Last night, M and I accidentally found ourselves participants at a quiz night surrounded by a bunch of weird white people.

How did this come to be, you ask? Well, a bit hungry and kinda too lazy to cook (cooking everyday is for real life adults and I am still years away from that), we stopped by a small establishment for a bite.

“Are you here for quiz night?”
We replied in the negative.
“Well it’ll start in about 20 minutes if you want to stay!”
We weighed our options and settled on ‘well why not’.
(Monday nights rarely have much to offer anyways.)

Nearing 8 (or was it 7?) the establishment was quite empty although a scattering of chairs indicated others were expected. And soon enough, others arrived.

A large but somewhat childish woman in a dress with poofy hair reminiscent of a forgettable character from Alice in Wonderland. A big haired bright lipstick-ed elderly lady who could be inspiration for Helena Bonham Carter’s future self. Men with scraggly hair who looked like they walked out of a dizzying Jazz trio. Men with ponytails. Other people of varying shapes, sizes, styles, and demeanor. And a smattering of accents.

All of them welllllll over the age of 50.
(Except for an outlier Chinese guy.)

M and I threw glances at each other and made comments no one else could hear. We played the game. Jotting down the answers we knew. Coming up with excellent guesses for ones we didn’t know. We didn’t win, but that wasn’t the point of the evening.

On the way home we talked about the oddities we just met. Most white people hanging out in Nepal fall into easy categories: tourists (backpackers and hippies alike), business personnel, development workers.

But these individuals, these people who would be just as odd in Nepal as they would be anywhere else in the world, we concluded they belong to a group of previous hippies now living a new aged dream at a seasoned point in their life. As to what they do in Nepal, and how they arrived, I doubt we’ll ever know.

Next quiz night, we won’t be going back.

with time to waste we lie in bed allowing sleep to come and go as it pleases. we lose ourselves to the song of guitar strings and your voice lulling through on-the-spot lyrics. somehow, the days blend and we’ve vanished into hazes of conversation and then some other things.

i said i thought about writing something for/about/inspired by you, but i don’t think you’d see the meaning in it, so i want you to know, i’m actually noting this down for me.

it might have been a waste of time, but there was much worth remembering.

those small moments. they could be lost. in in-betweens.

When groups of men would travel from Tibet to Nepal, they would do so carrying salt  to bring back for trade and income. I imagine the journey lasted for weeks, and I imagine they faced many hardships. Of the difficulties that come with trekking across mountains and challenging terrain, there is the simple fact that one would be carrying salt on ones back. I imagine these loads would be as much or more than the weight of the man carrying the load.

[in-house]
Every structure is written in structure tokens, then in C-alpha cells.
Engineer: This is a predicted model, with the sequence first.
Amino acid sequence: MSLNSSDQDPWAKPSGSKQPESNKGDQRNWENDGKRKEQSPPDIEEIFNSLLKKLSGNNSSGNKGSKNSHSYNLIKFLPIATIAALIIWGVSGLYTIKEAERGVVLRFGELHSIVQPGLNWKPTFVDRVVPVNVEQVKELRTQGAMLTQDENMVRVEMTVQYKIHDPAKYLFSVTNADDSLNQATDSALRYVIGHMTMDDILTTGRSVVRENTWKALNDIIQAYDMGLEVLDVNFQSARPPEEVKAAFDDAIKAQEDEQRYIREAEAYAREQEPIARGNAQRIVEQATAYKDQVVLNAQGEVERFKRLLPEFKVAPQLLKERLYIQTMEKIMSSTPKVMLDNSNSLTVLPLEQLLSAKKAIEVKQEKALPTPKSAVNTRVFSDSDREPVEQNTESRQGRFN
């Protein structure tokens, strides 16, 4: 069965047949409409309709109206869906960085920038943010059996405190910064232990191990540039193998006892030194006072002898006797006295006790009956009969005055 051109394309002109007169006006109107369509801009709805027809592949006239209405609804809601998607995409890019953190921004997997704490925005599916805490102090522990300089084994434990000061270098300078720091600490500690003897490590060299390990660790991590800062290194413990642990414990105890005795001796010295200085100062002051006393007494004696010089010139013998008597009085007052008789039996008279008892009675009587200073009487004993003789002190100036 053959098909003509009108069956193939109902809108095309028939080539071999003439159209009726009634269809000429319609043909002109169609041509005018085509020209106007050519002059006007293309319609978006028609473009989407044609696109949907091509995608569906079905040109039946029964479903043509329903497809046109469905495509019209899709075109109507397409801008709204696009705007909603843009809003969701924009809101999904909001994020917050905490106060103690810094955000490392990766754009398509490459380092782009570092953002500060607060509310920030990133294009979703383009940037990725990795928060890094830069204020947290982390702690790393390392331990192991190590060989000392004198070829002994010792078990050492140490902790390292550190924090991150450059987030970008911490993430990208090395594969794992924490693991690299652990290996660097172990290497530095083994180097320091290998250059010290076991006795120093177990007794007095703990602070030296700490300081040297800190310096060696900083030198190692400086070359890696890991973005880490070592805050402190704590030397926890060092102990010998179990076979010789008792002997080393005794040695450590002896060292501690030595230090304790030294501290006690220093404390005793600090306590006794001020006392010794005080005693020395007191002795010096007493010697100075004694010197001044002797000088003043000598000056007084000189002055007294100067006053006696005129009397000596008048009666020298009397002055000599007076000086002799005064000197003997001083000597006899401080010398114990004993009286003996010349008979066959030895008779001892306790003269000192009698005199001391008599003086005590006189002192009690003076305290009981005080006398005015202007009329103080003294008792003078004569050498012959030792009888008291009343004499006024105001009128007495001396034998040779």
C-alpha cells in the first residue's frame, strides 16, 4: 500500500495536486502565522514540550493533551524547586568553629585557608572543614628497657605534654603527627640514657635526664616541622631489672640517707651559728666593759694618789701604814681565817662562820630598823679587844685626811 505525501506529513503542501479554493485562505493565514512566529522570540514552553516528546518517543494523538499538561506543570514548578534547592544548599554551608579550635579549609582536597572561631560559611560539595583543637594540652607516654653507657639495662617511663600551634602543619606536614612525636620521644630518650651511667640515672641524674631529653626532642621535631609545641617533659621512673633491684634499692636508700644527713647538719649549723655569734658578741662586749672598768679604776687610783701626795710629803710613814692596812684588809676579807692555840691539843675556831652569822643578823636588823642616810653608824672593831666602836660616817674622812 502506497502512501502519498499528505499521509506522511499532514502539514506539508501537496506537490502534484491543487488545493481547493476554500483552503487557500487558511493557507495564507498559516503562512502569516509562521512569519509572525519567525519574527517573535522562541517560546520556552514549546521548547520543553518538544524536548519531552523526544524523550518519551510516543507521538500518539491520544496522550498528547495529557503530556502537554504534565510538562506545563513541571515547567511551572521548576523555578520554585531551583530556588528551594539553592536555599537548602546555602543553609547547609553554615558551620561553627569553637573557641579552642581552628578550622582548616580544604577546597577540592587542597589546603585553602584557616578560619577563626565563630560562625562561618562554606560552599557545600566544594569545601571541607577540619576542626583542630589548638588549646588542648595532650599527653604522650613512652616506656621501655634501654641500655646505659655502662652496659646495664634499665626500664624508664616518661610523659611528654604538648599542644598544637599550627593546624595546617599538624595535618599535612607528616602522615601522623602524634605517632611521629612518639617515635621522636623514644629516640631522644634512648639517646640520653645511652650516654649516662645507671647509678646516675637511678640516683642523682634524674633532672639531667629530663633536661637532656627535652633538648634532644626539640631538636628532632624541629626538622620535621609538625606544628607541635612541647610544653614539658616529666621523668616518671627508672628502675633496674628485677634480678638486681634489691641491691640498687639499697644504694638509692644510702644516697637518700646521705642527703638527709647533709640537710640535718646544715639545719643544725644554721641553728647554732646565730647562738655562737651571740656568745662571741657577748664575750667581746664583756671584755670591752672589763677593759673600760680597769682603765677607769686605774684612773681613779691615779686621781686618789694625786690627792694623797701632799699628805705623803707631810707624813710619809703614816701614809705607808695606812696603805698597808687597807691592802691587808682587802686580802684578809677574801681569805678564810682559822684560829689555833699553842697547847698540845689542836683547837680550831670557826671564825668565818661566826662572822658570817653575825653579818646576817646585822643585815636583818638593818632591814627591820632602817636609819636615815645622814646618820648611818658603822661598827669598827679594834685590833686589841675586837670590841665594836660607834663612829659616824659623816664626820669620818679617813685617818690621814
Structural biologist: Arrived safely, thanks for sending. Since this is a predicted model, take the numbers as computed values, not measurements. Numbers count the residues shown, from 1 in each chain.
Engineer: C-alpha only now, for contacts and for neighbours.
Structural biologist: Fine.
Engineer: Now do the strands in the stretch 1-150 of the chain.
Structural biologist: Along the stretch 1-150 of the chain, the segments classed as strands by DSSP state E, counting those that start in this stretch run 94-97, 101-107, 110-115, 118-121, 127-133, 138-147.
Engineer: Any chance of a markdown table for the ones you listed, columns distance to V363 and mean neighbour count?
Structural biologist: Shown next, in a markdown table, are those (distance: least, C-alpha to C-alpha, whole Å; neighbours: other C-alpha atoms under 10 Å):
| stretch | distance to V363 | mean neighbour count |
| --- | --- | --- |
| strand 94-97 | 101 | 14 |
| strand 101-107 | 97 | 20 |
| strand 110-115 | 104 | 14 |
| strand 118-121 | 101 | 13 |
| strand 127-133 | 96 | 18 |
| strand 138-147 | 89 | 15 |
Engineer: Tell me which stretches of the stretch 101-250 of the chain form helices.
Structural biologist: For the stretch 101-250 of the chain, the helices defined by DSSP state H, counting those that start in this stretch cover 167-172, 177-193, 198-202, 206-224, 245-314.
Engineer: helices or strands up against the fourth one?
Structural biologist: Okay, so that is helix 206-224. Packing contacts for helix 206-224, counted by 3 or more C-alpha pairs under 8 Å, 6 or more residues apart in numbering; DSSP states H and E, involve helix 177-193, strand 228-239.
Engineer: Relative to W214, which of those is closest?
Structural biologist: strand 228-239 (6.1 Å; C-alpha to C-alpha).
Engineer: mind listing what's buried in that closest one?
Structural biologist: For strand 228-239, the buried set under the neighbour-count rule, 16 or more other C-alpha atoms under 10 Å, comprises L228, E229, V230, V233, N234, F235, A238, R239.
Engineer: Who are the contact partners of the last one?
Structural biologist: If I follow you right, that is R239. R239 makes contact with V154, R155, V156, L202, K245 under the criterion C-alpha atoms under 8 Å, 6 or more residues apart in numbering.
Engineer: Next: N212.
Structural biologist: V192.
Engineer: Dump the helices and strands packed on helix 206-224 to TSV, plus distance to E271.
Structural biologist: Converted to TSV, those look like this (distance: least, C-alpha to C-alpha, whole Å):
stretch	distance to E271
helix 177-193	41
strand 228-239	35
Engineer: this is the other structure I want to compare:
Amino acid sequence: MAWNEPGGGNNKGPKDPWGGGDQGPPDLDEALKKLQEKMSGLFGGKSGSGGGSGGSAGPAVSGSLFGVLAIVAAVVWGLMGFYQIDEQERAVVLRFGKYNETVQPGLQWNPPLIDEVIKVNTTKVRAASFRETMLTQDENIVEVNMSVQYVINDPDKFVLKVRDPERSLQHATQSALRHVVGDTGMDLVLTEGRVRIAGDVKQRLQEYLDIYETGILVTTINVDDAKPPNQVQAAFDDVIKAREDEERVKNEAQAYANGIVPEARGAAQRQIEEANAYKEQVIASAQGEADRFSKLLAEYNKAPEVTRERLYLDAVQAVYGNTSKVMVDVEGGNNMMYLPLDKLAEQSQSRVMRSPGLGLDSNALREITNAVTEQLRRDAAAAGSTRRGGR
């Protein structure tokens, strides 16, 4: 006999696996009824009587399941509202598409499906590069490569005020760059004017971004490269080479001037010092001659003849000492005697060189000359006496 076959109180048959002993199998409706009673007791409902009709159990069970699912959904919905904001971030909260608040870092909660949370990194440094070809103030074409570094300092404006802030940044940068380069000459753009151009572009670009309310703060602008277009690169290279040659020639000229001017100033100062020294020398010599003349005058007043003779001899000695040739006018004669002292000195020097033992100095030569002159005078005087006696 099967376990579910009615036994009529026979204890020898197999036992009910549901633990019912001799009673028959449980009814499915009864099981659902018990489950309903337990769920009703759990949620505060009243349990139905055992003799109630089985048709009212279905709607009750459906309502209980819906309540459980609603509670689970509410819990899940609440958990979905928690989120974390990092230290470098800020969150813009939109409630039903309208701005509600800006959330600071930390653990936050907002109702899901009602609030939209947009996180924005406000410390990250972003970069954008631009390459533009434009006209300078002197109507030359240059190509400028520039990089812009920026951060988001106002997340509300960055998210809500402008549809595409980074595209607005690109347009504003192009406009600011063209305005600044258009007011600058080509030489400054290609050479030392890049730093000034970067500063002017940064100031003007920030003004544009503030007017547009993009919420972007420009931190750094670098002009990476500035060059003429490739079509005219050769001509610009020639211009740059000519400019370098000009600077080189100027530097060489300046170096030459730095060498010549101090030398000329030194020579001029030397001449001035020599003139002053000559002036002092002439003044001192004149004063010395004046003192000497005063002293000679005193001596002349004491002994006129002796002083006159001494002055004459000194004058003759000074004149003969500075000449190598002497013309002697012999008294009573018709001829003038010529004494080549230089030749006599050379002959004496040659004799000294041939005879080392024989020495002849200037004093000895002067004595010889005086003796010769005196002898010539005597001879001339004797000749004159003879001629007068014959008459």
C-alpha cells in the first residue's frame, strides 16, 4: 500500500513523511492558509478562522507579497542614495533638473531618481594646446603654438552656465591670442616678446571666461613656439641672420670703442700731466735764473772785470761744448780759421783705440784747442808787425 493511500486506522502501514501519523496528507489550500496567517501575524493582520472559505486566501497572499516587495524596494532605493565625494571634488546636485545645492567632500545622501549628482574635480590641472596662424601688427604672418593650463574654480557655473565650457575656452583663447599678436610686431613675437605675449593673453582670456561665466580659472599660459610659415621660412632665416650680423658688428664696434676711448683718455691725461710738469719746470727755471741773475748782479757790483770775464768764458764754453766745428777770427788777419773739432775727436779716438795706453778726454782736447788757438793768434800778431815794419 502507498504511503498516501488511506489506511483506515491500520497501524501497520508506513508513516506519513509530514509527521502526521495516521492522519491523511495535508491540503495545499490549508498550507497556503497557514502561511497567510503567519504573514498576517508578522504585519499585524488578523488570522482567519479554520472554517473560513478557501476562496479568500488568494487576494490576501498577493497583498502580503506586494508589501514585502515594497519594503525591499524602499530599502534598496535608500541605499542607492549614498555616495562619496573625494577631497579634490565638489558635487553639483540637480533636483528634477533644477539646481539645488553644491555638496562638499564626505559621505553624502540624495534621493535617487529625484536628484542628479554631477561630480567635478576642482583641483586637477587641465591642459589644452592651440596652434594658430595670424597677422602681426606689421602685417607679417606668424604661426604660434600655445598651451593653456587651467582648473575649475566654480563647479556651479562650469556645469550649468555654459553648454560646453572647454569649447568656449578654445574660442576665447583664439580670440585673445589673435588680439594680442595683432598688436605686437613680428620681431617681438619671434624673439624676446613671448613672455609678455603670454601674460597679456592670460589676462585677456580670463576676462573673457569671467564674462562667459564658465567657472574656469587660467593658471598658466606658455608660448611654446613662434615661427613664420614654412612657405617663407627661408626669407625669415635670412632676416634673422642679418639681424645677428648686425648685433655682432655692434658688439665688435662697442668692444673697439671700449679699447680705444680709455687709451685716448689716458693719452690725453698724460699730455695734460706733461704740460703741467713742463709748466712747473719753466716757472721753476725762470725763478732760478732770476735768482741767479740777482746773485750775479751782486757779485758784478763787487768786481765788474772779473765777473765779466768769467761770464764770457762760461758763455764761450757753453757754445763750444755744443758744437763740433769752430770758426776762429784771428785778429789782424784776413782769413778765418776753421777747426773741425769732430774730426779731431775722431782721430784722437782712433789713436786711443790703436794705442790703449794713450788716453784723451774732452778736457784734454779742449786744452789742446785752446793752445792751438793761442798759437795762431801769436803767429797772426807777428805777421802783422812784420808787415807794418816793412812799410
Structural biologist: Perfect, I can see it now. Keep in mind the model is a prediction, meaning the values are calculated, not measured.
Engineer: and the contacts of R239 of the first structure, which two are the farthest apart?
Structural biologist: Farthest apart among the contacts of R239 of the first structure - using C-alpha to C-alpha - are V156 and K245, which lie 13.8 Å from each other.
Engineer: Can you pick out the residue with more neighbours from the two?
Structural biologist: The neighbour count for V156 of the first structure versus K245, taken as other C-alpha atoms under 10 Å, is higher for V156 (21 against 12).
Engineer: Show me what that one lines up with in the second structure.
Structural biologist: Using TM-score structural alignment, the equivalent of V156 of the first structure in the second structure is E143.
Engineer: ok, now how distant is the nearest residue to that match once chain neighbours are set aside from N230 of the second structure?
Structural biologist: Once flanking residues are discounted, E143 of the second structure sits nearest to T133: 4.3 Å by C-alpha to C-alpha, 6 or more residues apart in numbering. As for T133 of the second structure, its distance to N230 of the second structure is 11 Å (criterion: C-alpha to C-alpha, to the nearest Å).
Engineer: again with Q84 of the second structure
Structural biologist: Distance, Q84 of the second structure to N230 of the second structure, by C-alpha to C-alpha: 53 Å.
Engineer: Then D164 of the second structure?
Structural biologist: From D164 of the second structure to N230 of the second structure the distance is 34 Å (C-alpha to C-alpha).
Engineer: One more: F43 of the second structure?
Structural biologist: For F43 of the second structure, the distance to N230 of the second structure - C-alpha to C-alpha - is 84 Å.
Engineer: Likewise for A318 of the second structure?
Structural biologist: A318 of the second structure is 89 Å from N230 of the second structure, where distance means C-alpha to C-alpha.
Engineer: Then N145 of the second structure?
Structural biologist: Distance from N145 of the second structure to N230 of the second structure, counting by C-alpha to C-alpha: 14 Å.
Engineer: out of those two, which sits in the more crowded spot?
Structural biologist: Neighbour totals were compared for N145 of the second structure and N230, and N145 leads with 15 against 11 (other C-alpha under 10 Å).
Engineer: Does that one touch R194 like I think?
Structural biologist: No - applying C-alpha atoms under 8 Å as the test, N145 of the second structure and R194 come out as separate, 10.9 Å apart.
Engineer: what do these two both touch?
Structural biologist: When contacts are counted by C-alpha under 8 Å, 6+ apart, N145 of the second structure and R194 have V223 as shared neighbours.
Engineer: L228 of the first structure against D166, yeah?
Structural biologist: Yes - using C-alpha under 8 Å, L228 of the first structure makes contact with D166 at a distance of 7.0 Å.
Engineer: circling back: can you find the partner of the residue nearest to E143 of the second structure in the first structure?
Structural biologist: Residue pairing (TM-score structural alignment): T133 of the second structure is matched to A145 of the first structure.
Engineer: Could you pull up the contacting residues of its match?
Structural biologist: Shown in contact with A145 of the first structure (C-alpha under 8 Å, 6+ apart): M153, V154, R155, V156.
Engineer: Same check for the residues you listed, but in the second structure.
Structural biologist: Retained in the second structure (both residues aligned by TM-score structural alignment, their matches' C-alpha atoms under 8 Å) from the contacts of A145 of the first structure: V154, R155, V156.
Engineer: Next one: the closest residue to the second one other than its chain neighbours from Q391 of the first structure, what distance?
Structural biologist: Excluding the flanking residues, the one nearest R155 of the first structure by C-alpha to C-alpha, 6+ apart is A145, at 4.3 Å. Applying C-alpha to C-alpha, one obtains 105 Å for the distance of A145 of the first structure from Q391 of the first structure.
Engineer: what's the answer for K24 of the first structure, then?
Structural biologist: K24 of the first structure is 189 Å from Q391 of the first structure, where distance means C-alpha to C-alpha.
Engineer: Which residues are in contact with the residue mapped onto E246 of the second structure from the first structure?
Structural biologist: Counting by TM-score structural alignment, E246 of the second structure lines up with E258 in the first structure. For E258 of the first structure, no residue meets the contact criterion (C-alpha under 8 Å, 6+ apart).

And here’s where I heard an interesting story. According to a man I know whose family lineage connects back to these salt traders, when the salt on one man’s back became so heavy of a burden his legs would shake and he could barely take another step, the other men would add to his load.


A man on the verge of collapse would be cared for by having the weight on his back increased. With more than he could bear, he would be forced to carry forth for a little while longer. And then, when it was as much as he could handle, the extra load would be taken off…and the original load would remain, but it would feel lighter. And the man could carry on with the same weight, but with more ease.

In ways I cannot put into words, this story, this truth, this reality, the simplicity of it speaks to me.

 “You are the salt of the earth. But if the salt loses its saltiness, how can it be made salty again? It is no longer good for anything, except to be thrown out and trampled underfoot.”
Matthew 5:13




perhaps in jest, N asked me to work for him. he then made a strange comment,

“i’ll pay you in happiness”

i smiled at the offer and didn’t think much of it, until much later. what a proposition to make. to assure you could guarantee someone’s happiness, and that to, you could turn it into a form of payment.

what a risk. what a stance. what danger, and what vats of perhaps stupidity.

i may not be “happy” where i am, but i sure as hell am challenged daily and from where i stand, the passion, the dedication, the service, and the love–that all is payment plenty.



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